How has Brexit impacted recruitment in the UK?

By Charlie Knight |


Unless you’ve been living in a hole for the past five months you couldn’t fail to have been affected by the most shocking, polarising, world-changing news of 2016. Shockwaves spread across the nation as one of the oldest, most influential, historically significant entities in the world made the unexpected decision to “Leave.”

No, I’m not referring to Mary Berry quitting the Bake-Off, although that is still a sore subject for many (myself included) …  no, I am of course talking about Brexit.

You’ve seen it on newspaper headlines, you’ve watched the fallout on TV, you’ve had sweaty men scream at you on the Tube about how this country is falling to pieces – and no matter how much we want it to, it won’t go away.

Whichever way you voted – whether you’re a “Beleaver” or a “Remoaner” – Britain’s decision to leave the EU continues to be a massive talking point amongst recruiters.

When the news of Brexit hit us in June, the outlook for the UK economy – and recruitment in particular – seemed somewhat gloomy. There were worries that the country would be plunged into a recession, a shortage of jobs causing the unemployment rate to soar.

One of the biggest concerns amongst recruiters was the availability of skilled candidates, given that the free movement of workers was one of the biggest factors influencing the vote. A vote to leave had the potential to make it difficult for recruiters to source top talent from EU countries.

Pre-Brexit, British businesses have been free to hire employees from Europe without needing immigration permission. But once Article 50 is enacted, workers from other member states may no longer be free to travel to the UK for work, and the same for UK citizens wishing to work in the EU.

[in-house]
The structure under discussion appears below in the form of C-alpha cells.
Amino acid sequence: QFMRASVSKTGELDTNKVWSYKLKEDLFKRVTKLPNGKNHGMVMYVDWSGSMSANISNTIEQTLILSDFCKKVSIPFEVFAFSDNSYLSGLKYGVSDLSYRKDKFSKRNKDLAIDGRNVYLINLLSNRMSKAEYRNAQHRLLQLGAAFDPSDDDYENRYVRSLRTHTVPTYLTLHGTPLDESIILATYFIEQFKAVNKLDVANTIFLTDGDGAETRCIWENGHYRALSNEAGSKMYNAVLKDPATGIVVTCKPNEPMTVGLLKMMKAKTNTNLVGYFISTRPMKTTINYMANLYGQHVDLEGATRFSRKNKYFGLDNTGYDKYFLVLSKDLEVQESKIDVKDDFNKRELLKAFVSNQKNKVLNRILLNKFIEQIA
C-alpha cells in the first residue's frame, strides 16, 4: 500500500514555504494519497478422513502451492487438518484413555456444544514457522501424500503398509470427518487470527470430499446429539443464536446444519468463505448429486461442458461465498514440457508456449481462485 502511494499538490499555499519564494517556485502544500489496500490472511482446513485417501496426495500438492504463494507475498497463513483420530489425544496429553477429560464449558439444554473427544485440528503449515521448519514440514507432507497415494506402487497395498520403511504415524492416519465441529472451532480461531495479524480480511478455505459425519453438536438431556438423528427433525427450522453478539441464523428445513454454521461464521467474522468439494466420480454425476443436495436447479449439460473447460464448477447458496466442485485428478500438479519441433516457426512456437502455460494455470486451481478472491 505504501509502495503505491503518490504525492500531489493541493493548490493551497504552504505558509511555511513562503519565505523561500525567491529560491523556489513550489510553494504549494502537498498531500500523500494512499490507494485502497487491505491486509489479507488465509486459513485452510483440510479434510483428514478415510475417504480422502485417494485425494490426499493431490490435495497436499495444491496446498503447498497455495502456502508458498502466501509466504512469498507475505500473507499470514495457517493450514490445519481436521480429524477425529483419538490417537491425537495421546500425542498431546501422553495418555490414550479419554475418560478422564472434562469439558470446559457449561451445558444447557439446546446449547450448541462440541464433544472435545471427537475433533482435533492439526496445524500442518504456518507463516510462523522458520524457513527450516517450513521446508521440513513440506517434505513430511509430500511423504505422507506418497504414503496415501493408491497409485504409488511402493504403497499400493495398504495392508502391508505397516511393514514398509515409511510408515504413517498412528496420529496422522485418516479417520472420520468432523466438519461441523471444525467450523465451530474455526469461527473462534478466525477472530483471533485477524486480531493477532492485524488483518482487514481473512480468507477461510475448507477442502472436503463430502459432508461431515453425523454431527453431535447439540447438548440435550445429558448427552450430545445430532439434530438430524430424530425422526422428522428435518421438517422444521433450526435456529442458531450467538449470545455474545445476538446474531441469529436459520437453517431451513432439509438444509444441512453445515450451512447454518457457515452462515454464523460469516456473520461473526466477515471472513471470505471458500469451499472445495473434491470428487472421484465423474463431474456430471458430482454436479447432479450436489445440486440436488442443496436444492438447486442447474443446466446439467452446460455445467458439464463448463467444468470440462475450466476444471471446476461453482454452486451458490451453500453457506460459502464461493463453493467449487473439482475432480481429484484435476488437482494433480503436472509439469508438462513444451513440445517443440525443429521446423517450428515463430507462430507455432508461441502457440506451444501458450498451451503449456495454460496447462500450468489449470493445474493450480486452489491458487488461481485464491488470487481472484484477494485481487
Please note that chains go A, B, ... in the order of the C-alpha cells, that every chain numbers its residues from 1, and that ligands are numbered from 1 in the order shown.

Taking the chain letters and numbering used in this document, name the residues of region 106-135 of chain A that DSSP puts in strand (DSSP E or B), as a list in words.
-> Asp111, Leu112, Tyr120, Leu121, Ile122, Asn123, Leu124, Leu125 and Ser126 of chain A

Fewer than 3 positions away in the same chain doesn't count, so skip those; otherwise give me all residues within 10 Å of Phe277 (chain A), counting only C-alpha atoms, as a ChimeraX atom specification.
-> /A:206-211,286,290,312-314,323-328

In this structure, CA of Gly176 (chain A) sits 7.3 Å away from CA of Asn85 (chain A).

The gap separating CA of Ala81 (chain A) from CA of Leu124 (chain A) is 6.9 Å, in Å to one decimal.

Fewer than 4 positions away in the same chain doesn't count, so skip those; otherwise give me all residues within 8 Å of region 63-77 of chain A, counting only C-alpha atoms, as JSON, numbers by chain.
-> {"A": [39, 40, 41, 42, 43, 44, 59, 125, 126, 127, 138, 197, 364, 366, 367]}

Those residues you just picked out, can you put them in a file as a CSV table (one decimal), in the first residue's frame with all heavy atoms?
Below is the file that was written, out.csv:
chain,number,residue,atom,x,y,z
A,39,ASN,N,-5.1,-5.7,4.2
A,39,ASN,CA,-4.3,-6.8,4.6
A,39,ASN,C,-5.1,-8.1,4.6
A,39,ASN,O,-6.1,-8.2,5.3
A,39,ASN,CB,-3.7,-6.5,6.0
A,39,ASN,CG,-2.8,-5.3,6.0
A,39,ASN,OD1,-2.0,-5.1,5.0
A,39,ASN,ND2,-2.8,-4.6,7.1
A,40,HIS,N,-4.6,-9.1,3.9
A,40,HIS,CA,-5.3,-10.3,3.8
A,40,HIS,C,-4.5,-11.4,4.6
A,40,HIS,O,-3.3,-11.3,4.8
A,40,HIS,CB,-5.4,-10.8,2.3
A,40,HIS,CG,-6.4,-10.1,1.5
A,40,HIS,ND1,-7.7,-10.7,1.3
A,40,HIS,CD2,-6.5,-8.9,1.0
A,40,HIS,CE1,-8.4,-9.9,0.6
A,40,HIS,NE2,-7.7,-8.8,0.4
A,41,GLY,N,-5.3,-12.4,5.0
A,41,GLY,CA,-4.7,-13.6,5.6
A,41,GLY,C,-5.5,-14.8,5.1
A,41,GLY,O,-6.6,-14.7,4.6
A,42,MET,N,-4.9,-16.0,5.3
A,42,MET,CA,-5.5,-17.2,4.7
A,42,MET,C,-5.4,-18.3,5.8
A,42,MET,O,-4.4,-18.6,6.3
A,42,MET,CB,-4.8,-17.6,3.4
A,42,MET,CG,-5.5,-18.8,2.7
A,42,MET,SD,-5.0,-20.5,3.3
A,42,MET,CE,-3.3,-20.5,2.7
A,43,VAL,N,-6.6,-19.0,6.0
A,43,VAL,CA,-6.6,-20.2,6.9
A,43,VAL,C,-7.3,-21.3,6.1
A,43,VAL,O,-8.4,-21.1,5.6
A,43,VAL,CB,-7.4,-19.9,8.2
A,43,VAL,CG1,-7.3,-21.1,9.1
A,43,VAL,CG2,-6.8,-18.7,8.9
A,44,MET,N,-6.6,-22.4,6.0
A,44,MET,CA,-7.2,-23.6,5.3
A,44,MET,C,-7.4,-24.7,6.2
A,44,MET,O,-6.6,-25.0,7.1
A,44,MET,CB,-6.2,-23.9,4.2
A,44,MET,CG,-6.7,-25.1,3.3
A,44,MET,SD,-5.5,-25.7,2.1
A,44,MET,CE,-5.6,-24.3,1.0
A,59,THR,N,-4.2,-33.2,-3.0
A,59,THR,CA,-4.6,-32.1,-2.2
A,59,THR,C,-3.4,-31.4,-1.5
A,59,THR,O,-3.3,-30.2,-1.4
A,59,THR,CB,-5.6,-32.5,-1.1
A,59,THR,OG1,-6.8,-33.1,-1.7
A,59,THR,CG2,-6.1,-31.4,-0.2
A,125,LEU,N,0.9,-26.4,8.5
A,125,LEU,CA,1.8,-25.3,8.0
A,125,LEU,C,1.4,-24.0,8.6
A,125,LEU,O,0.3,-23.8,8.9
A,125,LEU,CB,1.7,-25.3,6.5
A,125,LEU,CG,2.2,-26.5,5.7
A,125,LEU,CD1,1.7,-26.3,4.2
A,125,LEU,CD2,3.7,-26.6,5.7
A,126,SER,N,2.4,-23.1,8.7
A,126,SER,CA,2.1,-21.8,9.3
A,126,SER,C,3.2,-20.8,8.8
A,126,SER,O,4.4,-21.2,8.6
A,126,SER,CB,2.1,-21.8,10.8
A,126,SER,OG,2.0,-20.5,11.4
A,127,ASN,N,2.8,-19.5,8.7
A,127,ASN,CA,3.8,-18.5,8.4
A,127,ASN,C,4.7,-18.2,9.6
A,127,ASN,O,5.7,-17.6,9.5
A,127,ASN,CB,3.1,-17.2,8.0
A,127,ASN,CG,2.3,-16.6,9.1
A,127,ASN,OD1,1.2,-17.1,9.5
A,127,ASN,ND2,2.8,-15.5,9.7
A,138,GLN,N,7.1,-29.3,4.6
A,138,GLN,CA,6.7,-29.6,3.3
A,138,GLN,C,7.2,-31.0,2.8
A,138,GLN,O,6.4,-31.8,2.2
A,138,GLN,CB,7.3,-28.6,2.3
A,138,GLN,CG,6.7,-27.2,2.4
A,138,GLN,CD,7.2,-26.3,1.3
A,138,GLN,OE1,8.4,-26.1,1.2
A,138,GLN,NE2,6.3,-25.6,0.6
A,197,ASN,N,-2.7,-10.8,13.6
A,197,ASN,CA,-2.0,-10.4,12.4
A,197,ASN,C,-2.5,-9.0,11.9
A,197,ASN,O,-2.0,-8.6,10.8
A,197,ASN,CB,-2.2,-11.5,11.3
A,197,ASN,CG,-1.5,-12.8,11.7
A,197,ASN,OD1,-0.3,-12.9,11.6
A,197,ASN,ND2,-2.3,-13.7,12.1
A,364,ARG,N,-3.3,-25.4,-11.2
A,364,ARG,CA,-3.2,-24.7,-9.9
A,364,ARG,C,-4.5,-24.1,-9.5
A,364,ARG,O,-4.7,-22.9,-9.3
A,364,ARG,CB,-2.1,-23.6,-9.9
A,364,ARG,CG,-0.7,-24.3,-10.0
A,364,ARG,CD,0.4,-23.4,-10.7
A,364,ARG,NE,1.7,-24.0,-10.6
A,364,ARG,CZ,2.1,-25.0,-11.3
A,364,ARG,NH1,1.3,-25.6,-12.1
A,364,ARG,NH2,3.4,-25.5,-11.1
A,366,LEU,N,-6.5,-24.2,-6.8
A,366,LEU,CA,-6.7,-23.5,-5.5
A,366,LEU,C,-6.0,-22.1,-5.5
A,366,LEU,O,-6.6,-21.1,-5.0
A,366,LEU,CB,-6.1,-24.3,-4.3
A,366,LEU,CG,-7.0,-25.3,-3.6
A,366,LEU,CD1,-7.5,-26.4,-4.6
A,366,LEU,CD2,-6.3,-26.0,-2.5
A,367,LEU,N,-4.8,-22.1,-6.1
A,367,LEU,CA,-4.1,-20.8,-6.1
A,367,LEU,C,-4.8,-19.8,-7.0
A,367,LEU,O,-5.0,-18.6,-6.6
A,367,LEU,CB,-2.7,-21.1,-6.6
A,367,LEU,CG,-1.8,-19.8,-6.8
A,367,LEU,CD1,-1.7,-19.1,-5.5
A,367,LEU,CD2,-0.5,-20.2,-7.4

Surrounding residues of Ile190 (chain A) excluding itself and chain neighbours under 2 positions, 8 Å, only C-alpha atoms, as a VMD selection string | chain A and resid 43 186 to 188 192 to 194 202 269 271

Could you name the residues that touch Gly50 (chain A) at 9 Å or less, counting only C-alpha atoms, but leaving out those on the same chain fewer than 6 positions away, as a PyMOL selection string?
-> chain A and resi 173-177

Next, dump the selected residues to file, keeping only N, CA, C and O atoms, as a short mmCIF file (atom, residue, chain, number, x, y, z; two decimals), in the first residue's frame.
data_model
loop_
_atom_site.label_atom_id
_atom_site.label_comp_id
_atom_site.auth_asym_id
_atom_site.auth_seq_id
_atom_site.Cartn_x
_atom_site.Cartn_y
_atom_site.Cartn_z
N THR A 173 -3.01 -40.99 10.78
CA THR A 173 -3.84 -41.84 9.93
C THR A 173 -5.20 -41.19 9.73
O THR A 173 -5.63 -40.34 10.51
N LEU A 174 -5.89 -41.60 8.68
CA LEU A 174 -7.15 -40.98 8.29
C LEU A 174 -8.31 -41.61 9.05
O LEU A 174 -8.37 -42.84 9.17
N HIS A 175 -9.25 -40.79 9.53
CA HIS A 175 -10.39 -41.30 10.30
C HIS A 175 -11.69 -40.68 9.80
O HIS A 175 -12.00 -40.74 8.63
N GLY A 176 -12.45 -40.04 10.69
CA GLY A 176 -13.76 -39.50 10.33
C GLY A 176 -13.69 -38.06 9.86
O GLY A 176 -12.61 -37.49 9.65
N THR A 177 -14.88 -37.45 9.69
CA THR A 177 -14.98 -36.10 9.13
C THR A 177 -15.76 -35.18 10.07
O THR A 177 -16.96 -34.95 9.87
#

But five months later, is the current reality as dire as predicted?

Now that the uncertainty and fear-mongering have had some time to settle down, let’s have a look at the real impact Brexit has had, and will continue to have, on the recruitment industry.



Obviously immigration laws are going to be affected, but as negotiations continue, the final outcome is still very much up in the air.

When negotiations come to an end, there is a good chance that the UK will no longer be subject to EU free movement principles. Thousands of employees – whether EU nationals or UK expatriates – working across Europe would have their right to work affected, creating an employment nightmare.

While EU nationals already working here should be permitted to stay, it is likely that many thousands of existing EU workers will no longer qualify to move to the UK for work. Whatever the outcome, employers will be faced with huge challenges and businesses will need to reconsider their ability to attract and retain the best talent from within the EU.



Once the vote hit, the jobs market suffered dramatically, with permanent hiring dropping to levels not seen since the 2009 recession, while other sources show the unemployment rate in the eight weeks following the Brexit vote was significantly lower than the same time last year.